JoAnn Raines


I created art in a number of ways over the years, but felt there was a “watercolor painter within” that needed to be developed. I just loved the medium — its transparent luminance, the purity of color, the beauty of paintings I’d see that captured my attention. I’d often heard that watercolor was difficult — some saying, arguably, the most difficult of the painting media. But to me, it was the most beautiful. So watercolor it was.

I began to pick up a beginner’s class here and there — some good, some not so good. After searching out a number of these over a period of years, I eventually identified teachers whose styles and work I admired and from whom I wanted to learn more. I signed up for classes & workshops whenever I could. But it still hadn’t clicked how much I needed to work on my own. I’d take a class and then wonder why I hadn’t gotten better by painting only while in classes. After all, we’re given watercolor sets as children; how hard could it be? I discovered that it is very hard!

Over the years, I only dabbled in it, feeling frustrated, wondering why I even bothered, discouraged by my lack of progress. At last, I concluded that I couldn’t merely dabble if I wanted to improve and get to a point where I might actually want to show someone else what I’d done. I became determined to get better. So I put my nose to the grindstone and painted every. single. day. That was something I hadn’t done before because I thought, why paint alone making the same mistakes over and over again without a teacher’s guidance? But that is what it took to help get me over the blocks I’d encountered. Of course, there is always something new to learn, so I still pursue continuing instruction from new teachers as well as from my mentors who have been integral to my process, continually encouraging and generously sharing their knowledge.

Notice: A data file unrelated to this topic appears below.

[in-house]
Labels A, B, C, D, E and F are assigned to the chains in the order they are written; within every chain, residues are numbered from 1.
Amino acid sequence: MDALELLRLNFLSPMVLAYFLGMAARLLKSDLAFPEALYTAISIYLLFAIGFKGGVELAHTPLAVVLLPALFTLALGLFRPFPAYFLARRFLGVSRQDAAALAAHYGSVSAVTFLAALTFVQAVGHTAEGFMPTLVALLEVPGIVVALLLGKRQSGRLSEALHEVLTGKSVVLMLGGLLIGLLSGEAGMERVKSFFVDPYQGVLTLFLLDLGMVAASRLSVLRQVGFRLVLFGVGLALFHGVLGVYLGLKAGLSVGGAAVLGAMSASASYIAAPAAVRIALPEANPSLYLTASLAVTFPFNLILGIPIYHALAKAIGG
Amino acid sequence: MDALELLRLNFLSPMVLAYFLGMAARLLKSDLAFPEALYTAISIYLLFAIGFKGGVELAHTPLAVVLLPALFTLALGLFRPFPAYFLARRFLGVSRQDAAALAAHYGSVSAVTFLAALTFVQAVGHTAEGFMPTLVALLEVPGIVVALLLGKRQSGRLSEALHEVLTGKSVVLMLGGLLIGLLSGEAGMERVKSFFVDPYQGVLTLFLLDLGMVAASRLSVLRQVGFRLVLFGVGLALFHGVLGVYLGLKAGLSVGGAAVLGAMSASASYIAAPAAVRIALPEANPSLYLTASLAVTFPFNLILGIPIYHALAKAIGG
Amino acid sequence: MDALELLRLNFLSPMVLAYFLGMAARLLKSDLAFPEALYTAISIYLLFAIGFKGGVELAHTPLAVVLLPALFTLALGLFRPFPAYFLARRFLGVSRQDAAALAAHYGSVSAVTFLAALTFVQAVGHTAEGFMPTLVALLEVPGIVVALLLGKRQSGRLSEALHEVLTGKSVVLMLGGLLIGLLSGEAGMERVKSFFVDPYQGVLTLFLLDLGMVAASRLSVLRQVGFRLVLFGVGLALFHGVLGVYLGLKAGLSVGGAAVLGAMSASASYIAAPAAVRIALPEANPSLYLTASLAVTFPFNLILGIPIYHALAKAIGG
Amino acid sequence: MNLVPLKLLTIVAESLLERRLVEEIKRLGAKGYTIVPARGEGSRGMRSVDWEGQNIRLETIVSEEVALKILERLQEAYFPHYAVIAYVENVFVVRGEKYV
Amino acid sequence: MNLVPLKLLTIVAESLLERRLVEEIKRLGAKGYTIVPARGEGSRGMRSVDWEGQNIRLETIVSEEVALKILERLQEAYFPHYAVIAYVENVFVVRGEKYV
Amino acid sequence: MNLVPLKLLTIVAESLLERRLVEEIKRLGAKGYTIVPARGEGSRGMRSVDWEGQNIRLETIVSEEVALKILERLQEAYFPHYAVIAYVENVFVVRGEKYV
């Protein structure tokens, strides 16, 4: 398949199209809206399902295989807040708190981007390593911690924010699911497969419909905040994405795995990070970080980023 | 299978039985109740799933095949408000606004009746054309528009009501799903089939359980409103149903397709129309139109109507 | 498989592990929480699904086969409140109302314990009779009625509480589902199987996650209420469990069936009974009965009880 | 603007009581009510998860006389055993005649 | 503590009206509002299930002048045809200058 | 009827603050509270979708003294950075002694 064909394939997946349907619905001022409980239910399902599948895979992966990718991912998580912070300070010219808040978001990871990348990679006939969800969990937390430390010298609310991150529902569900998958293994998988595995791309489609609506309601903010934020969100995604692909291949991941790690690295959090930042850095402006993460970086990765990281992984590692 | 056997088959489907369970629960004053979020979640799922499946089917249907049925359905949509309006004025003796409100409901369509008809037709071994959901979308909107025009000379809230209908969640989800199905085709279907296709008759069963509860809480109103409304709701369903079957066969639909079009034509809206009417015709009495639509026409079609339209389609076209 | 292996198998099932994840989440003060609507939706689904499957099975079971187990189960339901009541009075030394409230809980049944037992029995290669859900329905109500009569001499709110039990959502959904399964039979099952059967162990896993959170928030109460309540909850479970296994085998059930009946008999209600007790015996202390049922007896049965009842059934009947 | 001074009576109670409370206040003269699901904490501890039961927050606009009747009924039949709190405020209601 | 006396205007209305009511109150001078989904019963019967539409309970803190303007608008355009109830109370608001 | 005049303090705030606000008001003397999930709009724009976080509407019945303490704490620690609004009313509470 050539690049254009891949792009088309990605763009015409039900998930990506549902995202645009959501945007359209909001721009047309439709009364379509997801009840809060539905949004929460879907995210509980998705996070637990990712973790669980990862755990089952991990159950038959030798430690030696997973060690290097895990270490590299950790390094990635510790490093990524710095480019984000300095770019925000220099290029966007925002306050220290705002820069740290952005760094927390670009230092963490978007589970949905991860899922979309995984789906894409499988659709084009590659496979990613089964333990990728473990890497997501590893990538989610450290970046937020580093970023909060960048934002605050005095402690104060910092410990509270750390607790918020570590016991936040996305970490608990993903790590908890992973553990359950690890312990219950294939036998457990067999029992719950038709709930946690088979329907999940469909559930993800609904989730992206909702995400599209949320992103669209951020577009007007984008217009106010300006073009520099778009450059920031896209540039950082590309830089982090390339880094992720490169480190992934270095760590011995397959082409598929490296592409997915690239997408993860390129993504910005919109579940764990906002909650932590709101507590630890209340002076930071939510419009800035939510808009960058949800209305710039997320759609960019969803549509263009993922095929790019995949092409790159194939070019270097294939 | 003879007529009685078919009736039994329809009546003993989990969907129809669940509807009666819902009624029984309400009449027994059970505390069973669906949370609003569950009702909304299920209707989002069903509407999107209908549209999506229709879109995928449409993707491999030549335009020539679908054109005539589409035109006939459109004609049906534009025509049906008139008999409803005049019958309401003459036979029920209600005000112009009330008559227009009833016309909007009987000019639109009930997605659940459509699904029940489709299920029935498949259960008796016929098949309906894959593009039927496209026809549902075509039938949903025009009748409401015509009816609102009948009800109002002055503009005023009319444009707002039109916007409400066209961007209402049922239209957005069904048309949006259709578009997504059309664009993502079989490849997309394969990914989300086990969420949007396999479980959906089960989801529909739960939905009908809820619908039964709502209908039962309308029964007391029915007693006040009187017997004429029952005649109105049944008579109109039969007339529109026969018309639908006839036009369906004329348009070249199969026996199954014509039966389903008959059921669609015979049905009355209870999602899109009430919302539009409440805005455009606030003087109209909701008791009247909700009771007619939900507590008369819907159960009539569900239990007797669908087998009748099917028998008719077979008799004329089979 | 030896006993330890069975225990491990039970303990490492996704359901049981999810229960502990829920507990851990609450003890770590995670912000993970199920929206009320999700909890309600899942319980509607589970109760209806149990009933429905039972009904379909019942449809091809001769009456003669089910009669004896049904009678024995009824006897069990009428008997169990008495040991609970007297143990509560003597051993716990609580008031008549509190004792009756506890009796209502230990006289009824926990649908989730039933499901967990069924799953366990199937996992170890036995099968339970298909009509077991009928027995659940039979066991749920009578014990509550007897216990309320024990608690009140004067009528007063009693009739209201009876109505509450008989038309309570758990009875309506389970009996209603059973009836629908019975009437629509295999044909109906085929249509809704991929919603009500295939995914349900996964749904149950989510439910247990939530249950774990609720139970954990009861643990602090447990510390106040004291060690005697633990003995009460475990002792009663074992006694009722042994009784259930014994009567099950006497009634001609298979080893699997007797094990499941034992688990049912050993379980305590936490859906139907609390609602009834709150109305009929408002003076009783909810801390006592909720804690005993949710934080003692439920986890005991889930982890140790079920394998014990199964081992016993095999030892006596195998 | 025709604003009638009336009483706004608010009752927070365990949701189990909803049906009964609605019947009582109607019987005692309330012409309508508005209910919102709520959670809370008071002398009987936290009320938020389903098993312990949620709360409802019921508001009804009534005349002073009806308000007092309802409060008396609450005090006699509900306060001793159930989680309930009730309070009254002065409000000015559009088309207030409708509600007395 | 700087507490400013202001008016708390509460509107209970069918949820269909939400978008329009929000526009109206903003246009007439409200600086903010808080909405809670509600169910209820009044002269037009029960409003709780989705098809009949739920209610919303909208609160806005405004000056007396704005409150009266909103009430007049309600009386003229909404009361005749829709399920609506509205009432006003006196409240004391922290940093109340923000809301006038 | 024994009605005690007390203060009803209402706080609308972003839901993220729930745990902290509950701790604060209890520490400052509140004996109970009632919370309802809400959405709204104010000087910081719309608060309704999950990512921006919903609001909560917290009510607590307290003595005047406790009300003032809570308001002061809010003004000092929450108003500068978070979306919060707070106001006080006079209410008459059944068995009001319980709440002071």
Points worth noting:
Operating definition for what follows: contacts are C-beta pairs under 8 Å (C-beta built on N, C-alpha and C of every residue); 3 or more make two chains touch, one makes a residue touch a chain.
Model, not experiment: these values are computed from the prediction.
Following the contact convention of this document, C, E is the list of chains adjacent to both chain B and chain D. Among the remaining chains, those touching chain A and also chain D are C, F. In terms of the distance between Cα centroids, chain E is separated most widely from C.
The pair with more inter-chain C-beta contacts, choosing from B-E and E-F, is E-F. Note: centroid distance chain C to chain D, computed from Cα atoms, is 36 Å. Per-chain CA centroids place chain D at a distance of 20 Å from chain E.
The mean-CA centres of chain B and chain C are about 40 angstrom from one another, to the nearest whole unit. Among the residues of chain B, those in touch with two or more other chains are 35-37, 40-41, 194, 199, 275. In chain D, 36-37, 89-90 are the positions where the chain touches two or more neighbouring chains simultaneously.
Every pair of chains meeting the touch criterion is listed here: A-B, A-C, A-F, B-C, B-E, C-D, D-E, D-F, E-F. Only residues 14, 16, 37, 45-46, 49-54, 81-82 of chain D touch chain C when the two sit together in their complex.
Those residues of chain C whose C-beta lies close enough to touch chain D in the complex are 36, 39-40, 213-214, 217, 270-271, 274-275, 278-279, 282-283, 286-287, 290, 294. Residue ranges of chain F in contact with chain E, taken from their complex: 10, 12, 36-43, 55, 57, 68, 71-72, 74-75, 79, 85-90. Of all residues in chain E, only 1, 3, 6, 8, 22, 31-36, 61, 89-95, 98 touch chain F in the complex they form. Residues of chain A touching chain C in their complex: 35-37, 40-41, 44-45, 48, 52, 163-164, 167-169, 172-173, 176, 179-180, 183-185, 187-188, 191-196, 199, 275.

I’m rarely without a camera, using it to collect reference photographs from which to paint back in my studio. I also paint on location, usually in a sketchbook, in order to potentially use those on-site studies to inspire a larger painting in the studio. Rather than painting a detailed replica of a given scene, my goal is a looser, more impressionistic style — that is, simply painting my impression of a location.

Painting from the abundance of beauty, in the variety of landscapes and scenes where I live and travel, is what most inspires me.